Lottery to match EU regeneration funding

16 June 2014

The Big Lottery Fund has announced it will match funding allocations from the European Union for regeneration projects, in a boost to the money available to local enterprise partnerships.

The fund announced today that it was in advanced talks to match more than £260m of the European Structural and Investment Fund (ESIF) from 2014-2020 to encourage charities and third sector organisations to bid for funding.

Priorities for the new seven-year programme will be determined by LEPs as part of their local growth plans. Once the ESIF funding package is approved by the European Commission later this year, the matched money will be available for projects that address poverty and social inclusion, such as schemes to improve skills and employability in disadvantaged communities.


The funding deal is intended to increase the involvement of charities in delivering the plans agreed by LEPs, who will take control of allocation European funds from Whitehall.


Big Lottery Fund chief executive Dawn Austwick told delegates at the National Council for Voluntary Organisations’ annual conference that £620,000 of lottery funding would also be made available to bring together voluntary organisations in LEP areas. This would ensure they were involved in early conversations about funding opportunities and could start developing bids, ahead of the allocations from local growth deals.


Only a very small proportion of the last round of European Social Fund money was accessed by charities, NCVO chief executive Sir Stuart Etherington said. The new round would be focused on a community-led approach.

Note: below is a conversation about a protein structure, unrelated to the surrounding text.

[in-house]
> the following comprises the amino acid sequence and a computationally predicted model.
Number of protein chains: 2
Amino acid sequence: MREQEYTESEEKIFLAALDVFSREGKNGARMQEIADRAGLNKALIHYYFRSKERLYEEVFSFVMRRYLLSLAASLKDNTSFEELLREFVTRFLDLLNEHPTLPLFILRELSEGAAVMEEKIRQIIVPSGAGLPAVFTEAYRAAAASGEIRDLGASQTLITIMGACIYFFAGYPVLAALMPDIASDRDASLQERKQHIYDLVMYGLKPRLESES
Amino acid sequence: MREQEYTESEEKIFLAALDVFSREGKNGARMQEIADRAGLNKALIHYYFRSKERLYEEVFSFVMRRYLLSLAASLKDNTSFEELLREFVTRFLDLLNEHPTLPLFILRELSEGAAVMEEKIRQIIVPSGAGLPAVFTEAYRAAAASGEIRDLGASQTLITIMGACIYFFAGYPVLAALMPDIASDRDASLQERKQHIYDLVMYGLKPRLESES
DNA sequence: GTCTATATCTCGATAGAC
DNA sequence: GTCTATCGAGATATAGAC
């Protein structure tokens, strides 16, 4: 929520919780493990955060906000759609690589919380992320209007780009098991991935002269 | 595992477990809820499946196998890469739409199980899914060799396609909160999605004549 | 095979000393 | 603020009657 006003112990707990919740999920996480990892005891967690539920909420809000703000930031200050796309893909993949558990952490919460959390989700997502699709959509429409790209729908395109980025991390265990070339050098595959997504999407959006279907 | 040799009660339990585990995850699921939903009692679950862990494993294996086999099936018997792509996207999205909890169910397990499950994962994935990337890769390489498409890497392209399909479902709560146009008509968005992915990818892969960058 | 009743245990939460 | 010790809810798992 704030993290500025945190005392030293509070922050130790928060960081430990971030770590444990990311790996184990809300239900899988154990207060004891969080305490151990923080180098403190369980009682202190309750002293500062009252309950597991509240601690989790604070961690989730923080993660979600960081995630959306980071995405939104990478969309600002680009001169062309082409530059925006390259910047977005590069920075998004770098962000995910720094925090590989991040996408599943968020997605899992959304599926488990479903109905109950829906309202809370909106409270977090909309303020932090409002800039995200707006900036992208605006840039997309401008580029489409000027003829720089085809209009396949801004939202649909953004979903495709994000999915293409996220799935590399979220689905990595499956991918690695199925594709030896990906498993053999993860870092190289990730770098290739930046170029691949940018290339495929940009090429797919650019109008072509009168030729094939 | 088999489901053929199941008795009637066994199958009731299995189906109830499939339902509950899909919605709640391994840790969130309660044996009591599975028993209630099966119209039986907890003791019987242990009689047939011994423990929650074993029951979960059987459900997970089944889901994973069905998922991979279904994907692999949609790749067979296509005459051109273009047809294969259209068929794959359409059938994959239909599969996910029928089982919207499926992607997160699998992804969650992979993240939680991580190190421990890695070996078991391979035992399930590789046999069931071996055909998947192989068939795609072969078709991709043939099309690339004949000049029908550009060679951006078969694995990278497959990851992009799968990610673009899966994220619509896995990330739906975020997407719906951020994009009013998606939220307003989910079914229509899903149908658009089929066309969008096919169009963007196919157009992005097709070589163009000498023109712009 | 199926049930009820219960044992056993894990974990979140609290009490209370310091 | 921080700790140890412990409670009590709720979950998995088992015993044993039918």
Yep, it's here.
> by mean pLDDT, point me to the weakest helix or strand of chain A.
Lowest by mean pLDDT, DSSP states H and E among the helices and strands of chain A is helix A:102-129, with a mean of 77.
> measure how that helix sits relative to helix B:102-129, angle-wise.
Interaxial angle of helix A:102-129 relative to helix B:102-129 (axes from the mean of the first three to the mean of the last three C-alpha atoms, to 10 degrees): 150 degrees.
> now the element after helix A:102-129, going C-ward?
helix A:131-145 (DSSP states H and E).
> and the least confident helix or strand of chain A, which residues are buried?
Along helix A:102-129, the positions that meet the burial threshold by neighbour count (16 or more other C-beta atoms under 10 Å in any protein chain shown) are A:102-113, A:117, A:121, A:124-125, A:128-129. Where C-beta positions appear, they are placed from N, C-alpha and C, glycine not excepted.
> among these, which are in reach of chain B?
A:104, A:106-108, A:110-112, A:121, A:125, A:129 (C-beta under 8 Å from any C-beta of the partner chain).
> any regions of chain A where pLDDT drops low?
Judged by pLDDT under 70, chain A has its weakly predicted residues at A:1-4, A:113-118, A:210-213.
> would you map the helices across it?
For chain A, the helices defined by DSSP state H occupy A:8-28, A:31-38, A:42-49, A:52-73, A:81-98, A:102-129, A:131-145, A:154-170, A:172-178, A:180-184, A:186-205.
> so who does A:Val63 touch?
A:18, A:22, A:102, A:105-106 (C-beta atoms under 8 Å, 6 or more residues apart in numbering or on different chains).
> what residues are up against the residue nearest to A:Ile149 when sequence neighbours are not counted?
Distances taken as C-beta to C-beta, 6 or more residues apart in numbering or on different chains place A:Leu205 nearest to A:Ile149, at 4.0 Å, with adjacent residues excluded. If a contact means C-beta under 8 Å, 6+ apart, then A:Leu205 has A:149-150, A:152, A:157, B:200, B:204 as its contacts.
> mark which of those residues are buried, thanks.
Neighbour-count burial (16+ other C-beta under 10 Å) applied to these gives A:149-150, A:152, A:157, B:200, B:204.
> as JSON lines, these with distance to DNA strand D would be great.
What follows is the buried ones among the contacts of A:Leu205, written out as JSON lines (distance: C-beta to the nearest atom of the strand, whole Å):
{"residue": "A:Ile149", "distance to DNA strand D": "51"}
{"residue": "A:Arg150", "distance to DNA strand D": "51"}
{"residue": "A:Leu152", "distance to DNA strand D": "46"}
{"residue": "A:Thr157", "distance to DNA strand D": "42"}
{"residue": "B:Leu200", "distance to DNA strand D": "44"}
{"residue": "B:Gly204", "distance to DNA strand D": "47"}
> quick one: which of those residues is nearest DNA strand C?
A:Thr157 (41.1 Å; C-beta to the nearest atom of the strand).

‘This is very important news for the voluntary sector. Previously, work funded by European social inclusion funding has been nationally designed, and delivered through large organisations.


‘We made very clear that we believe the best way for the funding to make a difference is to use it to support the work of expert charities.


‘This is why we called for the money earmarked for social inclusion to be available to the voluntary sector. Voluntary organisations will now be shaping and running the projects they think are necessary to help people in disadvantaged communities.’


Civil society minister Nick Hurd MP also welcomed the decision, highlighting that ‘social entrepreneurs’ had previously struggled to access funding from the EU.


‘We are determined to change that. Over the last year, Cabinet Office, NCVO and Big Lottery have worked very hard to engage the LEPs and create this exciting opportunity.


‘Now we have to get the detail right – so that this money works as hard as possible on behalf of the most excluded and disadvantaged in communities across the country.’

Sir Andrew Witty’s Review of Universities and Growth puts a lot of onus on LEPs. All LEP Chairs should read

See link for full report.  All LEP Chairs should read.

Round 5 of the Regional Growth Fund now open. Bid for share of £300 million

A new round of the Regional Growth Fund opened 11th October as the Deputy Prime Minister Nick Clegg called on businesses across the country to bid for a share of the £300 million cash pot.

The Deputy Prime Minister praised ‘home grown and British-based businesses’ for their crucial role in Britain’s economic recovery.

So far £2.6 billion from the first four rounds of the Regional Growth Fund has supported over 400 projects and programmes, which will create and safeguard hundreds of thousands of jobs over the long-term and stimulate £14.7 billion of private sector investment.

Round 5 will be open to private sector bidders seeking £1 million or more. The government is calling for companies planning high quality projects that will generate significant private sector investment and sustainable jobs. Businesses will be able to submit their bids until noon on 9 December.

Deputy Prime Minister Nick Clegg said:

“This fund has so far helped over 400 projects and over 3,000 SMEs across the country to boost our economy – expanding, improving, innovating and helping secure our economic recovery.